Using -i (no-integrity) or -r ("unreliable", or asynchronous, BI I/O) can help to speed up an offline bulk load. But those parameters should never be used when a production system is online and in use. With -r you lose the guarantee of transaction durability. With -i you lose much more, with little extra gain: transaction durability, crash recovery, and online backup. These parameters should never be used outside of controlled offline maintenance activities, and only by people who understand the consequences. Getting it wrong can be a career-changing mistake.
The point of proutil tablemove is that it allows a table to be moved online, without taking a maintenance window. That's fundamentally incompatible with using -i or -r; not from a technical perspective but from a business perspective.
It will “work” but... the main reason to want to try to use tablemove is because you are wanting an online (ish) operation on a live database. To implement -i you will need to shutdown which defeats the “stay online” objective.
Also if any tiny little thing goes wrong when -i is active you get to throw away that database and restore from backup. Which probably isn’t compatible with “live databases”.
The -r parameter OTOH gives you almost all of the performance benefits of -i while being less likely to be unrecoverable. Still can’t add it online and not really anything you would ever use on a live production db - but better than -i.
There is a myth that -i eliminates bi writes. That is a myth. The -i parameter does make things go faster but it does that by using less reliable IO options. So much less reliable that database integrity is compromised. Do not use -i unless you are prepared to throw away your database.
If you are trying to find circumstances where I will endorse using tablemove for anything other than empty tables it is not going to happen. There are no circumstances other than literally empty tables where I will endorse the use of tablemove.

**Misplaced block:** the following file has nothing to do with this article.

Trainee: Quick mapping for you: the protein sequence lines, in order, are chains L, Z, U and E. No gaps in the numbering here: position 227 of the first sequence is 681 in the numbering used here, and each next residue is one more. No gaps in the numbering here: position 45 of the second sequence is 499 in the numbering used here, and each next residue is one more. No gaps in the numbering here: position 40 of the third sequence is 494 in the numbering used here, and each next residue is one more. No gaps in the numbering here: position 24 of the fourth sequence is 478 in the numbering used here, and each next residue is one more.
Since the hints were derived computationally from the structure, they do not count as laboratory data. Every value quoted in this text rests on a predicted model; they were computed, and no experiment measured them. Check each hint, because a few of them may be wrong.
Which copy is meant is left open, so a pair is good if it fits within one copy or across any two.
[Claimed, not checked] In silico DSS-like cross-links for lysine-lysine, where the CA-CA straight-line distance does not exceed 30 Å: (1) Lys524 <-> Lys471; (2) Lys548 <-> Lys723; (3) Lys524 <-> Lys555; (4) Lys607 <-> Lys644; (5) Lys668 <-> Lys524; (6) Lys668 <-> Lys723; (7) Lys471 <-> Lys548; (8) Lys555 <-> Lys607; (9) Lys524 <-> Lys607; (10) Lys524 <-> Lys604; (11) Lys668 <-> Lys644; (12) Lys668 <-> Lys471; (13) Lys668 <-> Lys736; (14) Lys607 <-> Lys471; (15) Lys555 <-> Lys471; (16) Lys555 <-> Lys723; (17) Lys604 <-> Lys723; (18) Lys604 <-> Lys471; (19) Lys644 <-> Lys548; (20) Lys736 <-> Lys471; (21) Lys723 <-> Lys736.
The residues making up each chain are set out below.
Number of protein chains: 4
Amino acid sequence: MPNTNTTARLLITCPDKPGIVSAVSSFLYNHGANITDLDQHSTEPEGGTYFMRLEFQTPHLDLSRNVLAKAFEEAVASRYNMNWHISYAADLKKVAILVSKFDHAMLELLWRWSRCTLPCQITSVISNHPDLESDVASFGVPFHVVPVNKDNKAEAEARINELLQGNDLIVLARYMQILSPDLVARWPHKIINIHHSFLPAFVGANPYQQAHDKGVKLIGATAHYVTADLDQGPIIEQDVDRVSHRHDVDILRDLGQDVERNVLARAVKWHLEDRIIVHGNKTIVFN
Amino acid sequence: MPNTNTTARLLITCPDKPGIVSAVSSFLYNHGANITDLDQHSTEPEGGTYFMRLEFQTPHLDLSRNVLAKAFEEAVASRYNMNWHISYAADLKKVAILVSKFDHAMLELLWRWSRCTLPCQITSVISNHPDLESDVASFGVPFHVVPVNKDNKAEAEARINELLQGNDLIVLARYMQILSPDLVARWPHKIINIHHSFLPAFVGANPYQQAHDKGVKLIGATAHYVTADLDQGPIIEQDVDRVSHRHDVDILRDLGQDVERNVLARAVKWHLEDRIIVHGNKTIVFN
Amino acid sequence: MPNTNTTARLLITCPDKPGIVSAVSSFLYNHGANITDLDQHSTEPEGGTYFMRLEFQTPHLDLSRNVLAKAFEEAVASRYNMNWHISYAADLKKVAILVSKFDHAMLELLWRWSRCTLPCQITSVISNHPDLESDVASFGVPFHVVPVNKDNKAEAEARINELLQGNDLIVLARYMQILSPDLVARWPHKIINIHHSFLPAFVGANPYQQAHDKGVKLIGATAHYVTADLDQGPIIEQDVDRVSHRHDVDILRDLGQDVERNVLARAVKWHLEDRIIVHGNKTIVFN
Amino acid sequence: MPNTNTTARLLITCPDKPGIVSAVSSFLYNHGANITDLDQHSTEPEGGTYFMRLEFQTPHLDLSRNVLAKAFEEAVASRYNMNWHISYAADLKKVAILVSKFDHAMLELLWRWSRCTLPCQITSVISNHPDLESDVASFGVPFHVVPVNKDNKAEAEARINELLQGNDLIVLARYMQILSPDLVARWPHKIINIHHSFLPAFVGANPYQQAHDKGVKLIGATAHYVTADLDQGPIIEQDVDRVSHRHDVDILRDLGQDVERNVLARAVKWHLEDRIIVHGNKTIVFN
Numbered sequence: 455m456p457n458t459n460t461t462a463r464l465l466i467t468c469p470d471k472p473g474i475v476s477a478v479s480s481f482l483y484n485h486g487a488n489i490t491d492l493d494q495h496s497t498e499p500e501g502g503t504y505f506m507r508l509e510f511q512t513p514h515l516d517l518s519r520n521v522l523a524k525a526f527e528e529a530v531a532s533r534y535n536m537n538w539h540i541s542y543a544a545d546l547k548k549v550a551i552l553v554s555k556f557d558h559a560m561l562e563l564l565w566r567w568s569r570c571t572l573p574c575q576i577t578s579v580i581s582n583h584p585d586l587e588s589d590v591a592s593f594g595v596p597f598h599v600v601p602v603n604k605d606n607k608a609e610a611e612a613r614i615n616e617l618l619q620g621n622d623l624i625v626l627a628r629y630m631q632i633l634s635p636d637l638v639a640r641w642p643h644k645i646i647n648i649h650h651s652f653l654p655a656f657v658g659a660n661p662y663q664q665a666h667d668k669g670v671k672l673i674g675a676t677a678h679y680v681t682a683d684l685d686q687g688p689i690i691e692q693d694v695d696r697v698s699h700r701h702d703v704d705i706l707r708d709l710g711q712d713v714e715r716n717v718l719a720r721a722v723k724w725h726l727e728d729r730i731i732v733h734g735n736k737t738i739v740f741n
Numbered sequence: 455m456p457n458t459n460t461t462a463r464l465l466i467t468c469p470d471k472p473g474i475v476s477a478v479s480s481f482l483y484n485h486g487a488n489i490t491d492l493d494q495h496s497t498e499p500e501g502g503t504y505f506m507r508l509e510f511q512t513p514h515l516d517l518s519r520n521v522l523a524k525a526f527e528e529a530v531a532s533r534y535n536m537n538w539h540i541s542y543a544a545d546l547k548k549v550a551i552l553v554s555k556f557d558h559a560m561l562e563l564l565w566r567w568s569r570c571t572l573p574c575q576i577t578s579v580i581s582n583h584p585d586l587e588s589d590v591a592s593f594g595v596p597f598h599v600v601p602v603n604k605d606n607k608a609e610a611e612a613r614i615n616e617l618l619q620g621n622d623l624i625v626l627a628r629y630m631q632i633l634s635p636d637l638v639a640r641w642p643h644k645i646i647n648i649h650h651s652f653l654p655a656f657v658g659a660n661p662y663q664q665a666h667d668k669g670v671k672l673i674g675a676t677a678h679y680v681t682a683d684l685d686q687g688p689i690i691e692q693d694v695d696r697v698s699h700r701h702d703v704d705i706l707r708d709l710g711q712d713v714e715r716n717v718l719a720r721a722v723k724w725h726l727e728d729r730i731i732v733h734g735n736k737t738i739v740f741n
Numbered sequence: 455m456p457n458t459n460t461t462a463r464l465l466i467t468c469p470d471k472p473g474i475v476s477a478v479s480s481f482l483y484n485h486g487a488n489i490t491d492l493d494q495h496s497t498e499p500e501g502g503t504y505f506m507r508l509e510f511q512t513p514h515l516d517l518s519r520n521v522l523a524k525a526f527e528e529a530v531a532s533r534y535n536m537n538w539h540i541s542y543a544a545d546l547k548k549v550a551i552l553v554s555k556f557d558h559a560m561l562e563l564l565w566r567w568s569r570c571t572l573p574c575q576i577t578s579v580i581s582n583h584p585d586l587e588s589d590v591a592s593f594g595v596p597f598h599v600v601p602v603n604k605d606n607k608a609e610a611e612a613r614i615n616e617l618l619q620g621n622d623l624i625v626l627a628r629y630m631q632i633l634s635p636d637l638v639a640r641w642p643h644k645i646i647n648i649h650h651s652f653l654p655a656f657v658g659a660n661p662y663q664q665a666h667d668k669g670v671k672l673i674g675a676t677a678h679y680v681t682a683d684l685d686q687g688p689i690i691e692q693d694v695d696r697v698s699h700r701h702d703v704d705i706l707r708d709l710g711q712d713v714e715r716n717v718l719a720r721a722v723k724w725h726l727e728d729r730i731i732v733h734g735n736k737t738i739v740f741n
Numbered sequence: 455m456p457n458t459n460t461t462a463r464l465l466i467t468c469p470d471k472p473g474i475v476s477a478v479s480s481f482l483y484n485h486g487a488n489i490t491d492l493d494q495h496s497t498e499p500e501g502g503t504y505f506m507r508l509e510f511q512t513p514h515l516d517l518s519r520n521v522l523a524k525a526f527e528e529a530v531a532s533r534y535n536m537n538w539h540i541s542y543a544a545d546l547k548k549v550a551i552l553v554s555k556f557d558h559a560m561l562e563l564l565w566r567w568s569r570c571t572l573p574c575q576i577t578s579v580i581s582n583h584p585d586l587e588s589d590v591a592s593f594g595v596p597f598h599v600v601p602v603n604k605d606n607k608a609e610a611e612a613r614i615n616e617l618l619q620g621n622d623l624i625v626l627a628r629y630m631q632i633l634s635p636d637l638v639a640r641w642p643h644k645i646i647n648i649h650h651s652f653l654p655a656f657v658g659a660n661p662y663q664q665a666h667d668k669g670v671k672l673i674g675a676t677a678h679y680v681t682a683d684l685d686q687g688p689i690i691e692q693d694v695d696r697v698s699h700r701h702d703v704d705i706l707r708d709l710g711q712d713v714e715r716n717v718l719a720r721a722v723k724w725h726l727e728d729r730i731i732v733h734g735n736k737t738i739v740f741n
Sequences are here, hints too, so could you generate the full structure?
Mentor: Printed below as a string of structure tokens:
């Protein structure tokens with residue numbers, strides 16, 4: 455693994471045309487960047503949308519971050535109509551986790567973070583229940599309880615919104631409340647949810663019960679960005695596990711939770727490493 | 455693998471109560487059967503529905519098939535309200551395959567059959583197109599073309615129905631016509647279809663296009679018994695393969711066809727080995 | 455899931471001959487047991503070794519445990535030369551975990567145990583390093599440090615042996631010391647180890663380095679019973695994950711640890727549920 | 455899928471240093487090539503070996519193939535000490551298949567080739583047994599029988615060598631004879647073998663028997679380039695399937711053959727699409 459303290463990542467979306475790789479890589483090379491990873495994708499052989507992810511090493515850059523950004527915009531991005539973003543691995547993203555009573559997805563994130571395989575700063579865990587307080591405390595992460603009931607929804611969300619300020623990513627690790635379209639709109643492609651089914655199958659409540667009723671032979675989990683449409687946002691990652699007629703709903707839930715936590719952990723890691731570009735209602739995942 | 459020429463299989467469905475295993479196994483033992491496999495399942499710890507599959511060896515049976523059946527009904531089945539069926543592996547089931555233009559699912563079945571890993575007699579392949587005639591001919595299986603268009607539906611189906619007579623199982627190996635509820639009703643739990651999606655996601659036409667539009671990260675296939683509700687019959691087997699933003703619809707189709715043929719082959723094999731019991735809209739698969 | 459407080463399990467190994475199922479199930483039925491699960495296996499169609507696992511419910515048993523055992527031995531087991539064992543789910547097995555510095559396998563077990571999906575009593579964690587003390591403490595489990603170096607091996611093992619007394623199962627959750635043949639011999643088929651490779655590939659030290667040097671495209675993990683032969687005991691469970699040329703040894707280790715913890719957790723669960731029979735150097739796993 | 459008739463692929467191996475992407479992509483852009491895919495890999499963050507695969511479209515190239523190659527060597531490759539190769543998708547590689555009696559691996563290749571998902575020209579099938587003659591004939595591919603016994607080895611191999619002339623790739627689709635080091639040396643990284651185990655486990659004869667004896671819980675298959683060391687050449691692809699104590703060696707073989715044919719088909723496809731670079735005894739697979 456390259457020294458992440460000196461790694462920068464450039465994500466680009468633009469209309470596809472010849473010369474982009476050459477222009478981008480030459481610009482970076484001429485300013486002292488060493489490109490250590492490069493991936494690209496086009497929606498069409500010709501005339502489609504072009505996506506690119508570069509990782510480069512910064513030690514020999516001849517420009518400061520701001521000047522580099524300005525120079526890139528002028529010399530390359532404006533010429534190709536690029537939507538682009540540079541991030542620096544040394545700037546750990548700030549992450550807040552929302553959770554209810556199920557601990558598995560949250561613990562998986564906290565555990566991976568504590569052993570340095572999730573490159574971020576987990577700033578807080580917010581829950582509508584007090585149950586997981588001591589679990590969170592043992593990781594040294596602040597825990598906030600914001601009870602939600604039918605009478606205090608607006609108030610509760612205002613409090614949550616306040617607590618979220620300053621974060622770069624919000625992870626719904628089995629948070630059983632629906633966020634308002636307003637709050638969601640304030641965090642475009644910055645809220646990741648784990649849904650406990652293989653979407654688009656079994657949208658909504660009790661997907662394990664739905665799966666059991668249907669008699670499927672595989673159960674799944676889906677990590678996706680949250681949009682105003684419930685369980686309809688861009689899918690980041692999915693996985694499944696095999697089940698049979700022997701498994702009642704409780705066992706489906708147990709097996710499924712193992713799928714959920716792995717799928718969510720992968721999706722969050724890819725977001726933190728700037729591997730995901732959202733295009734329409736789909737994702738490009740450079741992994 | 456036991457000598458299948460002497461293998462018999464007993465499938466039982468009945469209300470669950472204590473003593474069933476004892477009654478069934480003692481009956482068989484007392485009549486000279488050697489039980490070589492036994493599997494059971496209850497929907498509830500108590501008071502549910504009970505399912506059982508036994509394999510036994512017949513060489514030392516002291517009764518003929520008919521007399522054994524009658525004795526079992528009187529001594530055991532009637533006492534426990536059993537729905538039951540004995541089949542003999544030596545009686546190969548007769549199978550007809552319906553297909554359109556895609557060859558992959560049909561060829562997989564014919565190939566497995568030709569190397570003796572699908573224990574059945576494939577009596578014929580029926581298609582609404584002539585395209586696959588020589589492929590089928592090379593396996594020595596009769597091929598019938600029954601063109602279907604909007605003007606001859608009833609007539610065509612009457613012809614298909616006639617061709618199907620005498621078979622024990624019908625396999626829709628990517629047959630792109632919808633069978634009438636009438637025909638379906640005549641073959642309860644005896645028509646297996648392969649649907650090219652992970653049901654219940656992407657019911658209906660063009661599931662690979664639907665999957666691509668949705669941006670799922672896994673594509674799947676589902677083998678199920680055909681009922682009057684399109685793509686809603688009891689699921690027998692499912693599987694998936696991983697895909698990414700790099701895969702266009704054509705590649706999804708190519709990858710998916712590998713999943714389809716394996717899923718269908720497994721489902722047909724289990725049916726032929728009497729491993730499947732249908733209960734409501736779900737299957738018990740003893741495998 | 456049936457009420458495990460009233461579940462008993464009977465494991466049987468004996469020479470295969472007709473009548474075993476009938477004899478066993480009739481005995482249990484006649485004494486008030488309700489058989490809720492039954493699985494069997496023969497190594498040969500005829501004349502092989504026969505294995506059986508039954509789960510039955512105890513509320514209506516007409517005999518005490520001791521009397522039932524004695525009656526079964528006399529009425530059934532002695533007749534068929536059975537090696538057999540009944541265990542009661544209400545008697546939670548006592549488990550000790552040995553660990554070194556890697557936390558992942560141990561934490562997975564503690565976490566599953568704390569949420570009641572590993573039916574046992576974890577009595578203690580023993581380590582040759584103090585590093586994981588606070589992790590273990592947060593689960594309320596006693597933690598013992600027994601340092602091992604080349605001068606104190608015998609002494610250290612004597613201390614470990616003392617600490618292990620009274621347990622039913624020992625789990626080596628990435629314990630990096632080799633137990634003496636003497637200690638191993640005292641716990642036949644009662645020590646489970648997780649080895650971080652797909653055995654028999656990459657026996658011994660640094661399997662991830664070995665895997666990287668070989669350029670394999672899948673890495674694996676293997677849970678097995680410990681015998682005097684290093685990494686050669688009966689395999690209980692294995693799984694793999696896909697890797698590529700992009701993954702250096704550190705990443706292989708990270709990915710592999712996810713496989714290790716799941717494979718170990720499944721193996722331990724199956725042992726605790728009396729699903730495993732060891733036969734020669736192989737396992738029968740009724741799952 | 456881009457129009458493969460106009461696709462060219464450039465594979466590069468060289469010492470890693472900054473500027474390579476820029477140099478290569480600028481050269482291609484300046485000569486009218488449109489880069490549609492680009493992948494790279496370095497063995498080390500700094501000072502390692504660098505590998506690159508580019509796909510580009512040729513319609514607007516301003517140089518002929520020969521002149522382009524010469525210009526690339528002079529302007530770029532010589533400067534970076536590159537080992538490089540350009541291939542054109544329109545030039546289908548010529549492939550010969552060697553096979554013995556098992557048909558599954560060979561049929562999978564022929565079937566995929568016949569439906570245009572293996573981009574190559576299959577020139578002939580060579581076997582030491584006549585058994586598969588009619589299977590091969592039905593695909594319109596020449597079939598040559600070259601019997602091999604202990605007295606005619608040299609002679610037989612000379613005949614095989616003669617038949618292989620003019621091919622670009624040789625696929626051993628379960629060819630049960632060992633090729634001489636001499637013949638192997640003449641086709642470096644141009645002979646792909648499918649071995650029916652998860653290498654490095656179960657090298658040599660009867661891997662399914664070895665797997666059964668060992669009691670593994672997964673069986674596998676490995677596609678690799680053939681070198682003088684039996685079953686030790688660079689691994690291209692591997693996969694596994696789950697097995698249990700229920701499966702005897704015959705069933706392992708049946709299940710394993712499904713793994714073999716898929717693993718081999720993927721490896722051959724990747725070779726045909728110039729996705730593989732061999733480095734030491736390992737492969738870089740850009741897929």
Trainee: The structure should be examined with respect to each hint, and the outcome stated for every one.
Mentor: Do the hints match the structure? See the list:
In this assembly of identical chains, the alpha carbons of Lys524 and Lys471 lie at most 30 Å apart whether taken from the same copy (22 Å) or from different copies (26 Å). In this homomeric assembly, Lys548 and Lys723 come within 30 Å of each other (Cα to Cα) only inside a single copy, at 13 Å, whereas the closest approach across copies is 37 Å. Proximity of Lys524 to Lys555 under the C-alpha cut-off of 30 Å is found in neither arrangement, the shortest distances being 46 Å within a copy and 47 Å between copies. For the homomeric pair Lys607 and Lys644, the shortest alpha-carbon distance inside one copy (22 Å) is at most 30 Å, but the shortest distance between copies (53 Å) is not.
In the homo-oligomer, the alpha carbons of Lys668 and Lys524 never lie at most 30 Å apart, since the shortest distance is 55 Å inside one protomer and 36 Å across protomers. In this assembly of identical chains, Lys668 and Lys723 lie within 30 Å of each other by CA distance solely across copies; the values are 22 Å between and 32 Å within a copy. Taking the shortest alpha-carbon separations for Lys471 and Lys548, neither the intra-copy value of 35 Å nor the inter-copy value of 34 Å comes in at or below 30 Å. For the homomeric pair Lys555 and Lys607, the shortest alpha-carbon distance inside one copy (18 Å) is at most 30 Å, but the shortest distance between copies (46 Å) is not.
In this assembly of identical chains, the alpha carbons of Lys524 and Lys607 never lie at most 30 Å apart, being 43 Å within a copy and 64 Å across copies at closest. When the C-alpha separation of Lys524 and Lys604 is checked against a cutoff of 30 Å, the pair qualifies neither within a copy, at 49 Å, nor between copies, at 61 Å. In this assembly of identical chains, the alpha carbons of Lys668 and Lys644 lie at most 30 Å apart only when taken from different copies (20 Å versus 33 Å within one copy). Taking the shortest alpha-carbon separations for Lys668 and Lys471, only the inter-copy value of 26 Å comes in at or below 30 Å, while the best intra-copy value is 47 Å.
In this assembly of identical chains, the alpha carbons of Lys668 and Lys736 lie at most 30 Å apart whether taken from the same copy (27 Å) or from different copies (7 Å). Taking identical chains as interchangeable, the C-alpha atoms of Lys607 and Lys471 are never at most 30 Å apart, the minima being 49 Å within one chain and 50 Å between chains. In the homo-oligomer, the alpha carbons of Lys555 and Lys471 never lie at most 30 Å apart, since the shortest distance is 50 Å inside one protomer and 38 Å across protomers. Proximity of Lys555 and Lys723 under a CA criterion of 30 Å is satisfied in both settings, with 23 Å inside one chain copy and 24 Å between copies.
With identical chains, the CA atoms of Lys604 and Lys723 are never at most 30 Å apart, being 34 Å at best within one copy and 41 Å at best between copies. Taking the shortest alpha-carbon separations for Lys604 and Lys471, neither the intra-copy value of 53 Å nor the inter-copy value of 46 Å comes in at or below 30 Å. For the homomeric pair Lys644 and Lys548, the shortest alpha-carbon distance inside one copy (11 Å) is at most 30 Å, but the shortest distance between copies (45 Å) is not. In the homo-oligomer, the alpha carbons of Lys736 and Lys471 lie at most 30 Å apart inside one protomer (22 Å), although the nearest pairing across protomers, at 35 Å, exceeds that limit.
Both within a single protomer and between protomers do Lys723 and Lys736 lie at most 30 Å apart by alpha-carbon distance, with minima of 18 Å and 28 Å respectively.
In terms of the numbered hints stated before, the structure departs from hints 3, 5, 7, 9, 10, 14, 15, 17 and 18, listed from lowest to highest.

You have been warned.
FWIW if you are going to insist on pursuing such an idea start with the smallest tables and work your way up.
Write your script in such a way that you can easily abort it between tables or manually perform the table moves.
Moving a few trivially sized tables isn't going to do much about the fact that a type 1 area is running out of space.
Still having type 1 storage areas in 2018 is evidence of dereliction of duty as a DBA. (And if it applies -- still running v9 should be a criminal offense.)
This is getting off topic. If you have a genuine problem to be solved then I think you should open your own thread where you describe it in real detail. This thread is about the fastest way to move a table and it definitely isn't proutil tablemove, which you seem to have a fondness for.
The size limit of a Type I area depends on two things: the maximum number of blocks in the area, which is a function of area RPB, and the database block size. The product of number of blocks and block size is the theoretical limit of the area size. At a maximum, this number could be several terabytes. Even with a relatively high RPB (and thus relatively low maximum number of blocks), the maximum area size is hundreds of gigabytes.
So as Tom says, moving a few hundred megabytes of data, likely only a few percent of the total, out of that area via tablemove basically accomplishes nothing apart from huge BI growth and its attendant problems. It still contains very large and likely fast-growing tables . You are still faced with a dump and load in the short term.
I don't know what the significance of the next two to three weeks is for you. Are you projecting that you will reach maximum capacity in that time? That sounds like an explosive rate of growth if you are at 80% of maximum now. If so, you should have been doing capacity planning and projecting your growth toward the limit long before now, in plenty of time to have access to multiple downtime windows. You should also be practicing your dump and load on a non-production copy of the database so you have well-tested procedures and scripts.
Please start a new thread if you want to continue this conversation.